Life under the ice shelf of the southernmost continent has proven to be much richer than previously thought.
An international team of scientists discovered an unexpected variety of life under the Antarctic ice shelf, which turned out to be much richer than previously thought.
According to reports, experts drilled 900 meters of ice on the Filchner-Ronn ice shelf located in the southeast of the Weddell Sea. The wells were located at a distance of 260 km from the open ocean, where complete darkness reigns in the depths and where the temperature is -2.2°C.
Previously, very few living creatures were found in such conditions, but during the observation on a boulder lying on the bottom, organisms similar to sponges and, possibly, representatives of previously unknown species were found.
Taking into account the currents in this region, experts have calculated that the specified underwater community can be located at a distance of up to 1.5 thousand km from the nearest source of photosynthesis.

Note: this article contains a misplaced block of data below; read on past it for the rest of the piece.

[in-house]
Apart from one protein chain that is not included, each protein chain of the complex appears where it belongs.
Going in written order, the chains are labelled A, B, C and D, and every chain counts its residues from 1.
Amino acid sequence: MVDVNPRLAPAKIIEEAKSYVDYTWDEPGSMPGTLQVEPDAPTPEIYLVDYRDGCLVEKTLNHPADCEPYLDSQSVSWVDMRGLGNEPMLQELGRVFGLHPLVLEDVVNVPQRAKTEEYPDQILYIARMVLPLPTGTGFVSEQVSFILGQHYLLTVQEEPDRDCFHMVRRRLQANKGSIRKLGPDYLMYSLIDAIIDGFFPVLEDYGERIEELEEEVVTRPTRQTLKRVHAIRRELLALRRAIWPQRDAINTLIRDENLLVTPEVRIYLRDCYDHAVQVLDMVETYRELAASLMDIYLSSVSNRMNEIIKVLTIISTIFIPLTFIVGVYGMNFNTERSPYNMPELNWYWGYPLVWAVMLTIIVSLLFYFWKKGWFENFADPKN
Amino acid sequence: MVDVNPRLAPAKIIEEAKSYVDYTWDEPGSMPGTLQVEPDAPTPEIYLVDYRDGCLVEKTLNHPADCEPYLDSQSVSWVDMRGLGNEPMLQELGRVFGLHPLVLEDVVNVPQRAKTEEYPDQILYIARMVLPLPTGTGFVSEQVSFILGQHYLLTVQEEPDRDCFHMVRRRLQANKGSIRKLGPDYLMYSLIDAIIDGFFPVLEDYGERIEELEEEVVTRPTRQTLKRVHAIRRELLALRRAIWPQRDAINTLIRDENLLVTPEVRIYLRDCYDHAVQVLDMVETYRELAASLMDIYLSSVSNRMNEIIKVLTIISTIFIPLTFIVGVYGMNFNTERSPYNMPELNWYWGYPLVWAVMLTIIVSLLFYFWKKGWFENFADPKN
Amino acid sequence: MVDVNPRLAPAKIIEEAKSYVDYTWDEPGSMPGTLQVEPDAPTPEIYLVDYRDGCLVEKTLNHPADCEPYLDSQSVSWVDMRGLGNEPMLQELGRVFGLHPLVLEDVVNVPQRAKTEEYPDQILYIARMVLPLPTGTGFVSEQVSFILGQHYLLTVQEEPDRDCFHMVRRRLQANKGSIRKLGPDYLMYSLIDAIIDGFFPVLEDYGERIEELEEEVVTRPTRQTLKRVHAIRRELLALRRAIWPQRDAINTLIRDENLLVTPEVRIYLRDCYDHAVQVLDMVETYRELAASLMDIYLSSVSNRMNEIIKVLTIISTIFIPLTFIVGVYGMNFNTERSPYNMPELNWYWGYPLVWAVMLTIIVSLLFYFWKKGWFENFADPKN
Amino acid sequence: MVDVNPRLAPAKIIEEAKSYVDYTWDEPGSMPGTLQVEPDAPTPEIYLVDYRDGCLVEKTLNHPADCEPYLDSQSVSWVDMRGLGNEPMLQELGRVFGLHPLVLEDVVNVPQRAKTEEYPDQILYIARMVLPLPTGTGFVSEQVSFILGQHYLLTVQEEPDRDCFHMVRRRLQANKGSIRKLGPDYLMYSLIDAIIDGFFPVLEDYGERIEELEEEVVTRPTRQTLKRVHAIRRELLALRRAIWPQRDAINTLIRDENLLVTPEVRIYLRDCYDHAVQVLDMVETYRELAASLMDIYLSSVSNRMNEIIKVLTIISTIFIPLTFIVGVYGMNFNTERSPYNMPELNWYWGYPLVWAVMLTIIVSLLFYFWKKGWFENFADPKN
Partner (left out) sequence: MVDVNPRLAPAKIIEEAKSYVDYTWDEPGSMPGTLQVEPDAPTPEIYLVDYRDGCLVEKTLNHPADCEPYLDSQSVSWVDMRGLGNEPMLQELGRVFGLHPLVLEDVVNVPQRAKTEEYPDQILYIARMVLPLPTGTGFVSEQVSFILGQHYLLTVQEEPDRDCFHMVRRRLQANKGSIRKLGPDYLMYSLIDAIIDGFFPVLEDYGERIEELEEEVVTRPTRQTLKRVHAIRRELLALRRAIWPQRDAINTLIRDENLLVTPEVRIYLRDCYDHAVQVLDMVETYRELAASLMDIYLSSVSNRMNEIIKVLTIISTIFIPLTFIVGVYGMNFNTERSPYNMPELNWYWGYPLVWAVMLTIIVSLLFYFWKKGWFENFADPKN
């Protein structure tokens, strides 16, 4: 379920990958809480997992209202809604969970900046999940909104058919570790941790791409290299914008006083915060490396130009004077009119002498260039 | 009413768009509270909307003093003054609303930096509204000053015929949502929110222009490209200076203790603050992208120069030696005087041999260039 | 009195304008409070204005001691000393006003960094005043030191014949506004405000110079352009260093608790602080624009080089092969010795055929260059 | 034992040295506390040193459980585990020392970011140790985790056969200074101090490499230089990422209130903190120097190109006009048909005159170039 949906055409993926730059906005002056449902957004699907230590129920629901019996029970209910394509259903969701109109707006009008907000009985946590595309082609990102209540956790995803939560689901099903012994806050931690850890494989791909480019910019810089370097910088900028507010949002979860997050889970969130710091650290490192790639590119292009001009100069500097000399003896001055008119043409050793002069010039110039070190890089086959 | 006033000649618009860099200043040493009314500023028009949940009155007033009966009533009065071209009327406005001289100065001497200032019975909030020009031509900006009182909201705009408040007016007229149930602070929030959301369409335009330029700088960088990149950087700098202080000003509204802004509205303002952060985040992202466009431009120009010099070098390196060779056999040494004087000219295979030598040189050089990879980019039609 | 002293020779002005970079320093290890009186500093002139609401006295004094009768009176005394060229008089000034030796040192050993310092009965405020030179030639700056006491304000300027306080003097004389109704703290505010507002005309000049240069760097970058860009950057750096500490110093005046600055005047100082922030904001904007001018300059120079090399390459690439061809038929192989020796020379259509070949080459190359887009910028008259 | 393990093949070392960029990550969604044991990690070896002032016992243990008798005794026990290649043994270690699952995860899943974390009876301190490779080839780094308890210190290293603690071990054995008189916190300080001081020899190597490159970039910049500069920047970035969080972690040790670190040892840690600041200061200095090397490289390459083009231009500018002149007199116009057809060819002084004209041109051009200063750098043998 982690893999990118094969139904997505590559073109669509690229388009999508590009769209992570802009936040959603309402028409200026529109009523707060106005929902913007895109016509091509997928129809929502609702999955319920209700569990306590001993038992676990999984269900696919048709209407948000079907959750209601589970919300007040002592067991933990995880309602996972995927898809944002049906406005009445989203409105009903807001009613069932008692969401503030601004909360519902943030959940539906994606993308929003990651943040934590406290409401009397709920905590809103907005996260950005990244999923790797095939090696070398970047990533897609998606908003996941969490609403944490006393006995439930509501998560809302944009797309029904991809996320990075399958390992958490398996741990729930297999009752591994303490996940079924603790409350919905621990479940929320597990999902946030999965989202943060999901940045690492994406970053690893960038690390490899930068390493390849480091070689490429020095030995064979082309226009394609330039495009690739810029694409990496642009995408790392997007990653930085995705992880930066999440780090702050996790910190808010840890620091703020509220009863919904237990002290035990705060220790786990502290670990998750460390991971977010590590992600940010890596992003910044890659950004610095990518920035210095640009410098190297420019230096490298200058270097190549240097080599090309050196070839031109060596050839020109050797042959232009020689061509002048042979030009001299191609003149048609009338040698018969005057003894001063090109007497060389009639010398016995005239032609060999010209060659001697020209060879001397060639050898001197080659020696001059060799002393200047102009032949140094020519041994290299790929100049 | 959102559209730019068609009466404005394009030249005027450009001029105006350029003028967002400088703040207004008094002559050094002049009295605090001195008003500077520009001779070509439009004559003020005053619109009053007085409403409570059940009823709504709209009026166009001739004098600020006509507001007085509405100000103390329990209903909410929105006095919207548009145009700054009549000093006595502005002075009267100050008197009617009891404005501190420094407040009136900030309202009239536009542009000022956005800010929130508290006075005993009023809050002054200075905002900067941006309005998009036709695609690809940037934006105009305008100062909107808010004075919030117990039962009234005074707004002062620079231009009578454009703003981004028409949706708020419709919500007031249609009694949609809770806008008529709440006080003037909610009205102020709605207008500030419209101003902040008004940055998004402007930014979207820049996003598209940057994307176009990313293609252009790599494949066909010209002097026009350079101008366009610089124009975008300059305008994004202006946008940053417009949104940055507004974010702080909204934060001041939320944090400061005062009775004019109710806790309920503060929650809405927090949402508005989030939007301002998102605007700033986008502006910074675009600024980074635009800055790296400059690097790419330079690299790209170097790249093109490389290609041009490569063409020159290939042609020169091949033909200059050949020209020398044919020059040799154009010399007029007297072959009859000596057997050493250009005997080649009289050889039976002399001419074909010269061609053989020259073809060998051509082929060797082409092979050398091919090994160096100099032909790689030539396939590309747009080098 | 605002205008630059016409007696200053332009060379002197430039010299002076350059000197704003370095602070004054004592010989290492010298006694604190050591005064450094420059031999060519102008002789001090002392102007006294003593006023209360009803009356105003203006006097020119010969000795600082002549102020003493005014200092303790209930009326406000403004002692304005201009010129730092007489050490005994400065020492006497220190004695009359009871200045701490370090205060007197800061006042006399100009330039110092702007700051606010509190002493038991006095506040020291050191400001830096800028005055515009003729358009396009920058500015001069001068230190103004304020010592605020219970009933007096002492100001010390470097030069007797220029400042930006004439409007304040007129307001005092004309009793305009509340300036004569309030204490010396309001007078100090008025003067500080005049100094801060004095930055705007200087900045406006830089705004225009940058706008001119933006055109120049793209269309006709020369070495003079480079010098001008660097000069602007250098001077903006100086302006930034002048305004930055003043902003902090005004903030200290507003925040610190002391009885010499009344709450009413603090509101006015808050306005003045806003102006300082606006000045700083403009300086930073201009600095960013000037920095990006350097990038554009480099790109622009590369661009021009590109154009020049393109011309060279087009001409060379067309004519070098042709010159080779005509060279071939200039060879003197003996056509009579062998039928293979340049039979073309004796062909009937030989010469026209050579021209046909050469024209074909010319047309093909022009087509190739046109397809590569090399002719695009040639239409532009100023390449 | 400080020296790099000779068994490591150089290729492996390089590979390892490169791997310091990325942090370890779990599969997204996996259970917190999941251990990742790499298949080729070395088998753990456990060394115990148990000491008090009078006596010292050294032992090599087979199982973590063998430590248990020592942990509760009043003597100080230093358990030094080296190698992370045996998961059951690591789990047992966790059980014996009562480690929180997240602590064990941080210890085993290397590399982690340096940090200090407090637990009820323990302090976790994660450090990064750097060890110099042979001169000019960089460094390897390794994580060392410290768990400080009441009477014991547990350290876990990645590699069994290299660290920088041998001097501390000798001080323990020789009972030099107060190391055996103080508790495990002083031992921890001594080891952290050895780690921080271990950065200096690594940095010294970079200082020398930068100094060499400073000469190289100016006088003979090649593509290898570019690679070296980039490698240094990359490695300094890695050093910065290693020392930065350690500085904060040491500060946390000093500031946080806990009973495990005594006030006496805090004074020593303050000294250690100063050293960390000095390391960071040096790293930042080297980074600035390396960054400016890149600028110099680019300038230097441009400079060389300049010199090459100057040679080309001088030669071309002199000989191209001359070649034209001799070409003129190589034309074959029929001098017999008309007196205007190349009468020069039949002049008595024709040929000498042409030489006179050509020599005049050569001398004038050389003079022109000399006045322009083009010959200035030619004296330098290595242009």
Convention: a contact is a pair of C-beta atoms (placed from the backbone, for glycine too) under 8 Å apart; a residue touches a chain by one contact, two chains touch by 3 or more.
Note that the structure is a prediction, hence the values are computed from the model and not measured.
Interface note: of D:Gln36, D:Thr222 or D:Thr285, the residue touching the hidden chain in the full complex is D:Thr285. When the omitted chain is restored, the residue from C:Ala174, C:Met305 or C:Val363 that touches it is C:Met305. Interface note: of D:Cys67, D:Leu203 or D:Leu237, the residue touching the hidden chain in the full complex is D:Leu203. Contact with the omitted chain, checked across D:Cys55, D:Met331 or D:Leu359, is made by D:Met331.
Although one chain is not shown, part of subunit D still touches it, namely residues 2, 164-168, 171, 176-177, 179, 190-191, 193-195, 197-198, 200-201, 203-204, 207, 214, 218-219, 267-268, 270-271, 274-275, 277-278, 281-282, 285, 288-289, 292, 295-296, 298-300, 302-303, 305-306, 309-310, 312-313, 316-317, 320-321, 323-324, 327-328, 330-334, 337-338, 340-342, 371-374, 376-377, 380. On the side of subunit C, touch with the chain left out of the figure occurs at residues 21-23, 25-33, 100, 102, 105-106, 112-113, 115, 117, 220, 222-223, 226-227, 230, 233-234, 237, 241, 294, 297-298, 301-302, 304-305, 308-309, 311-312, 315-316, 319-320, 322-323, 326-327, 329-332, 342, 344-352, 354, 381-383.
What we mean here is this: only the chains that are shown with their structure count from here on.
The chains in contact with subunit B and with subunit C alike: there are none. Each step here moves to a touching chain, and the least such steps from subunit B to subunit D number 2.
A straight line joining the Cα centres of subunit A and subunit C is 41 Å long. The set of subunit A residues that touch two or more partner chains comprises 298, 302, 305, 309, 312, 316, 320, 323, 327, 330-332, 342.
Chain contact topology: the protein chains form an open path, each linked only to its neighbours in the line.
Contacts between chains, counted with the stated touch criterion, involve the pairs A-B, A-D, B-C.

During the study, scientists were expecting two “surprises”. The first was that a team of geologists, having drilled through the ice, came across a rock instead of silt at the bottom of the ocean. But the second surprised them much more: a large boulder covered with strange creatures appeared on the video of the bottom.
Past research has identified some small, mobile scavengers and predators such as fish, worms, jellyfish or krill in these habitats. And the recent find refutes earlier data on biodiversity under the ice shelf, according to which bottom organisms should have disappeared much closer to the ice boundary.
To study organisms in such a highly accessible location, polar scientists will have to find new and innovative ways.
This was reported by the Phys.org portal.